The fifth day my eyes saw the truth. It was a moment I can’t forget. I try. I’ve tried since that day. But always, I remember everything, every detail. The keys on my keyboard, worn from decades of use, some chipped, some with the white top missing. The F sharp that never worked, no matter how hard my fingers pressed it. All it ever said was a soft, felt muffled “tock”. The stains on the top, by the music rack, left by thousands of cans of soda, spilled, or so cold they formed puddles of water from condensation. So many details. So many years. So much time.

I looked around that day. Studied the entire room. I knew it was a room, that’s where the piano was. Where it still is today. When I looked that day, there were no walls, no floor, no carpet, no bookcases along the wall, no lamp next to the piano to provide light for me to see with. Only a barren, parched field of sparse clumps of weeds, and bare dirt.

But off to one side, I could see mountains, near the horizon. They were miles away, I knew that. I knew too, they were green. Full of life. Full of flowers, birds, trees, squirrels, maybe even streams, and creeks, with fish in them.

It was a place I wanted to be. A place I knew I was meant to be.

I’d known for years I was supposed to move on. Known it was long past time for me to change. That I’d been locked in time, stagnant, unchanging, not growing. If anything, decaying. Leaving nothing but that image of who I was, and what I was.

That was the day I turned off the light next to my piano, stood up, stared at my keyboard one last time, and left the room. That was ten years ago. I have never been in that room since that day. That day when I realized how empty, how barren, my life, my world, had become. That day when I started this journey I’m on now. To reach those mountains I see, over there, miles away, near the horizon.

I’m looking for something. I know that. If I ever find that something, I’ll let you know. But, for now, and for all the days since I closed the door to that room. I have never felt happier.

922 words

This is written for Week 65 of Miranda Kate‘s Mid-Week Challenge. Miranda says I should write it out, what I feel. We’ll see. In the meantime, you can read about Miranda’s small fiction challenge here. Please, go read Miranda’s short tale this week, and any others that showed up. The tales are always little works of art, crafted with words, meant to be shared, and enjoyed. And many of them are amazing.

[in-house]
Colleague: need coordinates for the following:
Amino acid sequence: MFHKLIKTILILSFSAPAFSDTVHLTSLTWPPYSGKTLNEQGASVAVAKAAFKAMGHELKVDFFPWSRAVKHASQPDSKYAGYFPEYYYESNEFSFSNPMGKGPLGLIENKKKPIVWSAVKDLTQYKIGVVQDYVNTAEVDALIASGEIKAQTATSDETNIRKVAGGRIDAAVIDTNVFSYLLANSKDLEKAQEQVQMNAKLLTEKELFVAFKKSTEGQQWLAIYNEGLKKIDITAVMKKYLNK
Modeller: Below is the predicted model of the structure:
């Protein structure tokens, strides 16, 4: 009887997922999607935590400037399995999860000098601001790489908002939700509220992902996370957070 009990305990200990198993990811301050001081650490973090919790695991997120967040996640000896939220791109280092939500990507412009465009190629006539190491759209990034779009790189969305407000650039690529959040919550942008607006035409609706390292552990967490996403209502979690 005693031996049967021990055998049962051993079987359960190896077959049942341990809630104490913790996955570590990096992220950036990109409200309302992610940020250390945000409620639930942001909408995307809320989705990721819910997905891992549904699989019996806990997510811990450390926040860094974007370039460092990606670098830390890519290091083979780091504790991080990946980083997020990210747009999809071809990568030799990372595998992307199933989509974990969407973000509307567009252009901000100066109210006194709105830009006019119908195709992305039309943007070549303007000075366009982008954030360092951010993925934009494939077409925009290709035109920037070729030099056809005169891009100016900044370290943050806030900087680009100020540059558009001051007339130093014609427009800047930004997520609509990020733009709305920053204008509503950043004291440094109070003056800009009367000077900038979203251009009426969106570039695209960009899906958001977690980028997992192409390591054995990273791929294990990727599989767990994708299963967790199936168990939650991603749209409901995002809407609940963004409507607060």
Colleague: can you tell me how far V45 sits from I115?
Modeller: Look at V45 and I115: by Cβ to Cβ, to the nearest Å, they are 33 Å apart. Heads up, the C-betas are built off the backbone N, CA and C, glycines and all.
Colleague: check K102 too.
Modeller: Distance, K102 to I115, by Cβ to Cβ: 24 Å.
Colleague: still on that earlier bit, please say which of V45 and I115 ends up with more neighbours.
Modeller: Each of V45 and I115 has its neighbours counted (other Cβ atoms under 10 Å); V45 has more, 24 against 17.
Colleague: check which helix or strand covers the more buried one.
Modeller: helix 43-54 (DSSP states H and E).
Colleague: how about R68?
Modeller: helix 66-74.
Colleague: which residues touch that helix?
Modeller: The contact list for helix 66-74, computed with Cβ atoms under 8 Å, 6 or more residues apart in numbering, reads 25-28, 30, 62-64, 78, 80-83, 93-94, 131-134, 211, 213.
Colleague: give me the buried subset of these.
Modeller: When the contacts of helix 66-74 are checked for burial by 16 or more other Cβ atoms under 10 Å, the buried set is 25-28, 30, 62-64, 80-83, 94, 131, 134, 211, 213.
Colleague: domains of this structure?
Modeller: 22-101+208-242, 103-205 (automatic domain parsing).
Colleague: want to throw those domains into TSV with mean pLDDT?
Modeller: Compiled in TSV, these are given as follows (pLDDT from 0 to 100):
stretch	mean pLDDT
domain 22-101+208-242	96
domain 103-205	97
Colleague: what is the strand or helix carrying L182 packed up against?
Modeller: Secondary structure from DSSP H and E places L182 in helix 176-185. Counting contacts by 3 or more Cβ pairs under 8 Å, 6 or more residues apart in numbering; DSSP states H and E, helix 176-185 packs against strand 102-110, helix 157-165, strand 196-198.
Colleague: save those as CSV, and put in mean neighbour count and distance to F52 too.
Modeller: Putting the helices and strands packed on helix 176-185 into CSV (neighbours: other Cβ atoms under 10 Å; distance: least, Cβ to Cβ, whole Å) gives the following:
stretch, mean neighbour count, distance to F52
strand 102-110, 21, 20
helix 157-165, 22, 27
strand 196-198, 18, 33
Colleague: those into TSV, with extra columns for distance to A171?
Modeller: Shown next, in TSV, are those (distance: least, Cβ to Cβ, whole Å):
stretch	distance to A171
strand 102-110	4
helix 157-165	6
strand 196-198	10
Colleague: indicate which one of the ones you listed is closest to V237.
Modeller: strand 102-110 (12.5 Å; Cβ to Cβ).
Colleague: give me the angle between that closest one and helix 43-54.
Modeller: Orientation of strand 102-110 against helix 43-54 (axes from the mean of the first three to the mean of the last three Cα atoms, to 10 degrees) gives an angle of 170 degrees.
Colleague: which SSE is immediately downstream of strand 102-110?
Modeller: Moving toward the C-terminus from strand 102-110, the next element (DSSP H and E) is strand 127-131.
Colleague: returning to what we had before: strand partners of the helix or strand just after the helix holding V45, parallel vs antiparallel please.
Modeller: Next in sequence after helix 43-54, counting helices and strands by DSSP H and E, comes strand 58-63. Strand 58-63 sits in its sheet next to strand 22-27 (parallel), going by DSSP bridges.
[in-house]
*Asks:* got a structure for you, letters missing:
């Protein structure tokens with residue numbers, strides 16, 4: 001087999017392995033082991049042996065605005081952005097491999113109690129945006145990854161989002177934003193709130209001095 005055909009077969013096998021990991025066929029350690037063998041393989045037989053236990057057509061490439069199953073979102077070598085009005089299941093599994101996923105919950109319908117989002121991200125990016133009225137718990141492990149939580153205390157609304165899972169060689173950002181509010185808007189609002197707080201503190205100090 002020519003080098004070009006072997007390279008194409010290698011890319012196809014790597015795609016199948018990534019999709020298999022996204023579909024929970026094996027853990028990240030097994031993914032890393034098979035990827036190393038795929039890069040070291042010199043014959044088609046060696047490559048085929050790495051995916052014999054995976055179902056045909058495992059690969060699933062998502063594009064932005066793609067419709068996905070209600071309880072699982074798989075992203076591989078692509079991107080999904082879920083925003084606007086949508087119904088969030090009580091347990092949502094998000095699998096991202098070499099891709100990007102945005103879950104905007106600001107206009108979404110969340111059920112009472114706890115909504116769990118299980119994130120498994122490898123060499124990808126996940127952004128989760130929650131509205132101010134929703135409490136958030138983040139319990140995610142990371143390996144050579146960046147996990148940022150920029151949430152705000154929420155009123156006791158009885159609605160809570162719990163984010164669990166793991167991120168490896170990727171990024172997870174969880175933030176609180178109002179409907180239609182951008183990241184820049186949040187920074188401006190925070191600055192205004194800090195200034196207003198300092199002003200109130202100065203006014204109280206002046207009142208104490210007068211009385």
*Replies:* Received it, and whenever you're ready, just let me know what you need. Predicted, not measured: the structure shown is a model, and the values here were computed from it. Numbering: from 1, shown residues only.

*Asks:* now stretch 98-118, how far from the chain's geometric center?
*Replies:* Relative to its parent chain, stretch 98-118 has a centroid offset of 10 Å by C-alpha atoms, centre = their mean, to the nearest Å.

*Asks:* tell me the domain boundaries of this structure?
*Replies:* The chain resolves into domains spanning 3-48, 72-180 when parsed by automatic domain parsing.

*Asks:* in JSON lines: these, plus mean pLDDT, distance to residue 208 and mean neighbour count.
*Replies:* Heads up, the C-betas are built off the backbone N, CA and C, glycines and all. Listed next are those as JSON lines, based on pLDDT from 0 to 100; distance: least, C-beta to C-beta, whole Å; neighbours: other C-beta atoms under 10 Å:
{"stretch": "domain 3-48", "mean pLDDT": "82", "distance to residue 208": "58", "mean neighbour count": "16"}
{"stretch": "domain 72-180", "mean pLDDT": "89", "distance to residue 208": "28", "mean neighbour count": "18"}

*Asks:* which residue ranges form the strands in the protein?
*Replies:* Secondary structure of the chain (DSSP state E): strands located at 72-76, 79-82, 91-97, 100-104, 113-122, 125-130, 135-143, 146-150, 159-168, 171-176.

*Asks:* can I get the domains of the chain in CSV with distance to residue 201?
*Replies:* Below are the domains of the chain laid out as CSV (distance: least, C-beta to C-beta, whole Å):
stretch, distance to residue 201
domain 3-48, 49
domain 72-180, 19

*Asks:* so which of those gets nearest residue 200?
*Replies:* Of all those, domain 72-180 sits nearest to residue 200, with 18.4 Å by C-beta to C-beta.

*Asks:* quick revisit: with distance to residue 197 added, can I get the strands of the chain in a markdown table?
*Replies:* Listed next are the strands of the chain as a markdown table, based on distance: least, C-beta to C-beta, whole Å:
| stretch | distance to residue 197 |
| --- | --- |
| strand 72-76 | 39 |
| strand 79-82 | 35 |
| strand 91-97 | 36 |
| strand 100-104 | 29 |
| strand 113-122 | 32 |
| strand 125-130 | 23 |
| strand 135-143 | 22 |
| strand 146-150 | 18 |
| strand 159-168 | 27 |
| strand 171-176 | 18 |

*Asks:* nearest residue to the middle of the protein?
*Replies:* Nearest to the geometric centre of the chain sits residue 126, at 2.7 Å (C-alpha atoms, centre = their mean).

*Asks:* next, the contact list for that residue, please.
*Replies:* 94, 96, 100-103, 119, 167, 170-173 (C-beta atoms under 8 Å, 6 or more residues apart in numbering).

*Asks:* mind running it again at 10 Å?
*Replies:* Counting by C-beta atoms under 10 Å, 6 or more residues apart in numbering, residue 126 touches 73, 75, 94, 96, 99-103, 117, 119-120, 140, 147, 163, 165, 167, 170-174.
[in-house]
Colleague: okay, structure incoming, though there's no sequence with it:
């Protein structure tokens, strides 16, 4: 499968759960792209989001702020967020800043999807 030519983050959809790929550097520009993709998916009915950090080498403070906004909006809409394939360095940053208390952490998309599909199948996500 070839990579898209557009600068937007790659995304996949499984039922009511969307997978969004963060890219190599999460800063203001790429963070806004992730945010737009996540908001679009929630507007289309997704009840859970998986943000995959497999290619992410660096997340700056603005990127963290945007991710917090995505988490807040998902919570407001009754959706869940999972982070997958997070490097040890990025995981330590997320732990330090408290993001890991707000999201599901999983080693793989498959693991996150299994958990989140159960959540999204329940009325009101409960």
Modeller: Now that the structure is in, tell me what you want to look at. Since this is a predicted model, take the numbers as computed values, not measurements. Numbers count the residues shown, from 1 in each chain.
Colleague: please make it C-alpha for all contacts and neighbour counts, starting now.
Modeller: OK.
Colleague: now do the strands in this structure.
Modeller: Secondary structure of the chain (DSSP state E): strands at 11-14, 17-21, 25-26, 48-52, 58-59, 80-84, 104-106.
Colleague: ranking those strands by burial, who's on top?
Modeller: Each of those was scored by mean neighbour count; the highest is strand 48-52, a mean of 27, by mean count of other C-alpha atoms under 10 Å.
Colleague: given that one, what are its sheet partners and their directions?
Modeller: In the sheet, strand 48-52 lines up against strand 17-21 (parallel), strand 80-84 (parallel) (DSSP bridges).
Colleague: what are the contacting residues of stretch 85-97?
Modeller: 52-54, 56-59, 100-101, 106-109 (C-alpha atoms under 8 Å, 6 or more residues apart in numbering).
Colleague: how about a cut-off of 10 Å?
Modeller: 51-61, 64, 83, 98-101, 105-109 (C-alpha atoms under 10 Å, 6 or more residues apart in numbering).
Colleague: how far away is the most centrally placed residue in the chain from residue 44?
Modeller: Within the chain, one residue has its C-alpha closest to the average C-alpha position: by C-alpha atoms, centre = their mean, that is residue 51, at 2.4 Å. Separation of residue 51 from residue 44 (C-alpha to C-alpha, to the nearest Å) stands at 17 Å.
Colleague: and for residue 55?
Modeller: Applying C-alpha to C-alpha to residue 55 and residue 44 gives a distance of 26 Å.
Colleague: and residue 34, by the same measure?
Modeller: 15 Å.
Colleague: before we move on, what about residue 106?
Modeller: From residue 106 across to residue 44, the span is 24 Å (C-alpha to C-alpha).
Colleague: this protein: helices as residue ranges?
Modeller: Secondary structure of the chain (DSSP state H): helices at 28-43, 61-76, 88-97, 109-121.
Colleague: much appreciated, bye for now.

#ThursThreads Week 322 : It Was Up To Them

The police checked every hotel. Ever bed and breakfast. Every campground, park, parking lot, vacant house, empty building. They held the greatest manhunt anyone in town had ever seen. They found nothing. I had to chuckle about that. After all, I was a dead man. A man who didn’t exist. Encased in an armor that diffracted the entire electromagnetic spectrum, and rendered me invisible. I couldn’t be seen, or heard. Even their camera systems were of no help.

They went door to door through the entire town. Nothing. No one had ever seen the man in the picture from the video. They found no car. No motorcycle. No taxi use. Nothing.

As they searched, the internet went insane for a third day. This time, it showed those who wished Michelle didn’t exist, so they never had to deal with that thing, Michelle, again. How so many of them smiled, and laughed, and cheered when they found her mangled body that day.

“I’m glad she’s gone.”

“I don’t have to be nice to it anymore!”

“Now, I can use the women’s room again!”

Those words were why I’d come to their town. Why I’d acted. Why I would finish what I’d started. It was up to them, to their actions, to their deeds. They’d acted with violence, hatred, and intolerance.

I’d responded in kind.

And revealed their hatred to the world. Like the saying goes. Nothing on the internet ever really goes away.

243 Words

The next part of the ongoing Armor 17 story. It’s Week 322 of #ThursThreads, hosted by Siobhan Muir. Please go read all the entries in this week’s #ThursThreads. They are always fun to read. And there are some great writers who turn out weekly.

Miranda Kate’s Mid-Week Challenge : 2018/07/08

I stared at the stack of strange objects on the raised board. “What the hell is that, Muddy?”

Muddy held his hands before himself, and made a cross with his fingers. “I don’t know. But it can’t hurt to be safe, right?” He started mumbling the safety prayer. “Dear Father, protect us from the things which can cause us harm, and keep us safe, so we can continue to do your work in this life.”

I held up my hands and made a cross too, just to be safe.

“They don’t look dangerous, do they?”

Muddy kept his fingers crossed, and pointed at the stack. “Isn’t everything dangerous if we don’t know what it is?”

I pointed at the board. “And that board, balanced on four talk, skinny boards. What is that? And how does it work?”

Muddy slowly approached the stack, and crouched down. “The skinny boards seem to be attached to the big one somehow, making a flat surface up in the air.” I crouched down to see for myself, as Muddy moved around the stack and studied it. “There are some strange silver colored things that seem to hold the skinny boards in place, and the big board to the skinny ones.”